Next comes the recovery of memories.
In theory, once a memory is recovered, the personality which
held it will no longer be tortured by it. The FMS (False Memory
Syndrome) movement claims that some therapists implant memories
in their patients, causing them to unjustly accuse their parents
of abuse. That may happen occasionally, but I believe most therapists
follow their patients’ lead
and don’t make suggestions. There are also people who question
the accuracy of memories. It’s not always easy to know whether
something I remember happened exactly the way I remember it. But
therapy is not a court of law, where the goal is to establish facts.
The goal of therapy is emotional healing, and for that, emotional
truth is what matters.
Some of my memories are visual
or auditory, and some have emotional content only: intense agony,
grief, terror. Memory recovery is very upsetting, because it
doesn’t feel like a memory; it
feels as if it is happening now. But it’s also healing, because
Steven bears witness to my pain. When I was young, no adult acknowledged
that anything bad happened to me, not even my aunts, who lived
nearby; they would knock tentatively on my apartment door when
they came to visit, whisper "Is your father home?" and
retreat in fear if I said yes. The only understanding of my pain
I got then was from the mirror people.
Concurrent with memory retrieval
is learning to be aware of one another. Before I started becoming
co-conscious, some parts of me were suicidal and psychotic, but
others were able to function at a very high level. Now that we
don’t have such sharp divisions,
both work and social relationships are more difficult. The bad
parts are never as bad as they were, because they are diluted by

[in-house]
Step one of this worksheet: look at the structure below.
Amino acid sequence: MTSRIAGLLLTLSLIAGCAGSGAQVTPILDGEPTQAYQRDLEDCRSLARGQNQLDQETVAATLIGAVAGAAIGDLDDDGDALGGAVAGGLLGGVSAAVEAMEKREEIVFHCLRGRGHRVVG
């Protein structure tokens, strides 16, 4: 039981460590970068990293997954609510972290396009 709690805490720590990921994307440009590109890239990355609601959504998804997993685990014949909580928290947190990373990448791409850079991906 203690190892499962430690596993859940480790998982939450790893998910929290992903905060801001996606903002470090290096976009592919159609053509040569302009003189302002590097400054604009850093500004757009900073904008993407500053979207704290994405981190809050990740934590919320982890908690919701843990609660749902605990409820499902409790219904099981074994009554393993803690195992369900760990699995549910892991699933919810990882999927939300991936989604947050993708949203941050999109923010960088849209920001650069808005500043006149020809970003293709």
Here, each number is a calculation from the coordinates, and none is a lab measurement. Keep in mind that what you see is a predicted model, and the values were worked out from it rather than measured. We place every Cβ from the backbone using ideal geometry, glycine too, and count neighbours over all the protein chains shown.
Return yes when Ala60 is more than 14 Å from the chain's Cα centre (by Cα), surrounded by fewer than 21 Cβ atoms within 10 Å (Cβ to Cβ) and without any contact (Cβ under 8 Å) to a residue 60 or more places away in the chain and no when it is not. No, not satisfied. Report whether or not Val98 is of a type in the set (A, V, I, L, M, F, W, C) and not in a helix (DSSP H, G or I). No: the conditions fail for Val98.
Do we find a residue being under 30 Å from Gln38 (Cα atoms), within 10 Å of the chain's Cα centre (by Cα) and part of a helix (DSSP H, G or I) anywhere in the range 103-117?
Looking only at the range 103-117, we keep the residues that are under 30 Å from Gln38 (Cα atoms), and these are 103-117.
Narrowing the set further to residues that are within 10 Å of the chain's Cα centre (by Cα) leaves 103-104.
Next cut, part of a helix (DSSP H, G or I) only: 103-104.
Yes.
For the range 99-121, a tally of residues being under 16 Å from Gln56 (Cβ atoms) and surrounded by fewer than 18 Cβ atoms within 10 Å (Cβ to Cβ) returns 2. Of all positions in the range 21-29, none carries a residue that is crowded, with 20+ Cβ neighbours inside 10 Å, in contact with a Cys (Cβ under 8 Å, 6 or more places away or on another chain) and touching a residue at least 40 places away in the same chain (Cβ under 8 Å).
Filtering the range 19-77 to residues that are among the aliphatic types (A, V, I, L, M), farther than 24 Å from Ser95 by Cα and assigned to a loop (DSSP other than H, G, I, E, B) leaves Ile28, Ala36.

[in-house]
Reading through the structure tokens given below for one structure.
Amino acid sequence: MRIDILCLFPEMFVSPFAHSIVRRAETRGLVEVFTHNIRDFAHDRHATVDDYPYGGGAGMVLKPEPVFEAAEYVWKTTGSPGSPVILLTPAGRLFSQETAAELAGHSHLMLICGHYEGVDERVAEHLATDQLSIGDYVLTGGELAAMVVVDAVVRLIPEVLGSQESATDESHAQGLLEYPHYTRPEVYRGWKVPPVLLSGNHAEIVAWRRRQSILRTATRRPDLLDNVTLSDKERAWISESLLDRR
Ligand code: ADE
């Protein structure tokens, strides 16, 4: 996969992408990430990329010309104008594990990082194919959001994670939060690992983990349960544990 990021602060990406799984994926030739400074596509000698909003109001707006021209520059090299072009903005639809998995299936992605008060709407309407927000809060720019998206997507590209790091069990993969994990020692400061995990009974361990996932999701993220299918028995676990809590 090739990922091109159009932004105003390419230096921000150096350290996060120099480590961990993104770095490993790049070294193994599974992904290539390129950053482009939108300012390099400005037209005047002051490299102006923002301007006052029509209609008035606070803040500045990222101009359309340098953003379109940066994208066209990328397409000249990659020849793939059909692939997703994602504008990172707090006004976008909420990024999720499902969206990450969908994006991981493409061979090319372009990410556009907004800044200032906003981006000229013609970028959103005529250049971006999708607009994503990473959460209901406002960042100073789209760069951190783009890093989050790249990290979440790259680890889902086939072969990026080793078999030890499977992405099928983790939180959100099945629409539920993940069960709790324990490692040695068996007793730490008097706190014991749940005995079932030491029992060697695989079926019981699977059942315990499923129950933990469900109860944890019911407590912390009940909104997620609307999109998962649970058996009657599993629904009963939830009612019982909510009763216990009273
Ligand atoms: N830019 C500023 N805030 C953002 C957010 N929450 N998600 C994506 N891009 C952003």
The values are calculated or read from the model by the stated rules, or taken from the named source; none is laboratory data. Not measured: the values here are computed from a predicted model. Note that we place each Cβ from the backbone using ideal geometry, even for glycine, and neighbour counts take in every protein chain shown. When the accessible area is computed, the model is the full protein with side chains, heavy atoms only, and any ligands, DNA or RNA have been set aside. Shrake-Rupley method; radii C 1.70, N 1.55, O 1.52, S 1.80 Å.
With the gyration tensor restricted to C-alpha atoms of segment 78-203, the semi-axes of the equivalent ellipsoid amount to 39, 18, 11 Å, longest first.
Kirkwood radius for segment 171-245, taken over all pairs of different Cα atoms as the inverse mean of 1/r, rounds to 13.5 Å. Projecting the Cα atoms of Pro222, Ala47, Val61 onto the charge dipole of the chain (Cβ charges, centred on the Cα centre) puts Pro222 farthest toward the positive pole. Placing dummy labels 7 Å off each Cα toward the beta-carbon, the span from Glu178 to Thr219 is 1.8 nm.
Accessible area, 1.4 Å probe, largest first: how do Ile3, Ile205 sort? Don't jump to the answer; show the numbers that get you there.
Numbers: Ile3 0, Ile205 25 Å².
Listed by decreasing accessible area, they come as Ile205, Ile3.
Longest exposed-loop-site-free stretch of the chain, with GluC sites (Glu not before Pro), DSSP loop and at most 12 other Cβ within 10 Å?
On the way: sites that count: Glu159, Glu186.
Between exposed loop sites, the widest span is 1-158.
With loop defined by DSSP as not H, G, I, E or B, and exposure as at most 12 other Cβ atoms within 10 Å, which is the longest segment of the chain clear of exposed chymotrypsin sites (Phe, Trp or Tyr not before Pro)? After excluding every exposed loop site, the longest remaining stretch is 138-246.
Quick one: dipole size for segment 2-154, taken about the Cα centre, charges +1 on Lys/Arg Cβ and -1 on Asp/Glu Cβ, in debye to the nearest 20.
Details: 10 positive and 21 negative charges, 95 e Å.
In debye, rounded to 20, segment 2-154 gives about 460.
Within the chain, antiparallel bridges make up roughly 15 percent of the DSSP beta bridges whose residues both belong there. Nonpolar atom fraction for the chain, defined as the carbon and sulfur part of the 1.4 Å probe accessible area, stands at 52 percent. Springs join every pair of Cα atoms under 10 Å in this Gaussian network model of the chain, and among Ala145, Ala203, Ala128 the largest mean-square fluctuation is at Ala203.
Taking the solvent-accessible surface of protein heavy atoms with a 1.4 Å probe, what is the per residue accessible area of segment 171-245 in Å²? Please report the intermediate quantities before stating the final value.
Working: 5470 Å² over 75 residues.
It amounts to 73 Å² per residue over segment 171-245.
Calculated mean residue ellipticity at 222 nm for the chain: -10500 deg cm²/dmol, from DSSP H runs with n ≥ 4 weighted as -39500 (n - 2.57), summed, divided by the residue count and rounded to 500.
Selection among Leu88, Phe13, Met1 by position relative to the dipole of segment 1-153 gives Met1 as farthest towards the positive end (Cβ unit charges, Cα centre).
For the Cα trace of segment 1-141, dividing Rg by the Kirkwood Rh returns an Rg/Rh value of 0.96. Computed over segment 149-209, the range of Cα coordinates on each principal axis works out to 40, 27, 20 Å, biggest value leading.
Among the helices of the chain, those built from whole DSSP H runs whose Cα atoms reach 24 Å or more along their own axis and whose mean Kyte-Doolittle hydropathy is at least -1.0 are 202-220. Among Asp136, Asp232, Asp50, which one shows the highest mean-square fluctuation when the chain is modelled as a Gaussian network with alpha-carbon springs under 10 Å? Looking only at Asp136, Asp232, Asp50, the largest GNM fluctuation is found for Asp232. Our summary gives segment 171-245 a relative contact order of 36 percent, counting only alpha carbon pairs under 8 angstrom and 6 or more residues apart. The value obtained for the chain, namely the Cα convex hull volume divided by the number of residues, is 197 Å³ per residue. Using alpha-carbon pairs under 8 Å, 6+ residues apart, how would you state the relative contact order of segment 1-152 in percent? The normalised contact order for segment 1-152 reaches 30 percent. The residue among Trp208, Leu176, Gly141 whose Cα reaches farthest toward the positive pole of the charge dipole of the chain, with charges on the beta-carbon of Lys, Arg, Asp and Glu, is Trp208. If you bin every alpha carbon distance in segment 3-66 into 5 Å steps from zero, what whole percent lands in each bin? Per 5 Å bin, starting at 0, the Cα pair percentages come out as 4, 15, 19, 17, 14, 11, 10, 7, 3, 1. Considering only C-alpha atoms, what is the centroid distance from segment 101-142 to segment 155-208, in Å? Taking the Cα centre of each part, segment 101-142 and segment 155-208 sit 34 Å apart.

the good parts, so we don’t have as many crises. But the
good parts are never as good as they were, because they’re
contaminated by the bad parts; the crisp, efficient one is no longer
protected from the anguish of the others, so she’s not crisp
and efficient anymore. I have awakened to a tornado of feeling – pain,
fear, shame, even happiness – that I never experienced. It’s
as if I had been blind from birth, hearing people talk about red,
blue, lavender, knowing they were describing a dimension I had
no way of experiencing. Now suddenly, in mid-life, I’m able
to see. Nothing could have prepared me for the sensory bombardment.
The disruption affects many areas.
We can’t keep friendships
that individual parts had, and those friends don’t understand
why we suddenly stopped knowing them. The part who has an eating
disorder is no longer totally separate, so all of us now have a
hard time in restaurants. Even simple routines are complicated,
like getting dressed in the morning. I’m 6, looking in the
mirror while I brush my hair. I see a middle-aged face looking
back at me – a face I never saw before – and I realize
with horror that it’s me. And what will I wear to work? I’m
ashamed of the cotton flowered dresses with puffed sleeves that
hang in my closet. But the Harvé Benard suits aren’t
mine, either. I compromise with pants and a turtleneck. Corporate
America is not happy with my grooming of late.
But there are benefits to co-consciousness.
I no longer take twenty minutes to set my alarm clock each night.
Now, when someone in me doesn’t know that someone else set it, and checks repeatedly
every few seconds like an obsessive-compulsive, I say aloud, "The
alarm clock is set." She gets the message and stops checking.
I have no idea what the final step, integration, will feel like.
We’re used to living as separate entities. But if we become
integrated, we – or rather I – will have to develop
a whole new way of relating to the world. That "cure" is
where most non-Multiples start therapy. But I’m optimistic – for
the first time, I have a chance to be a regular human being.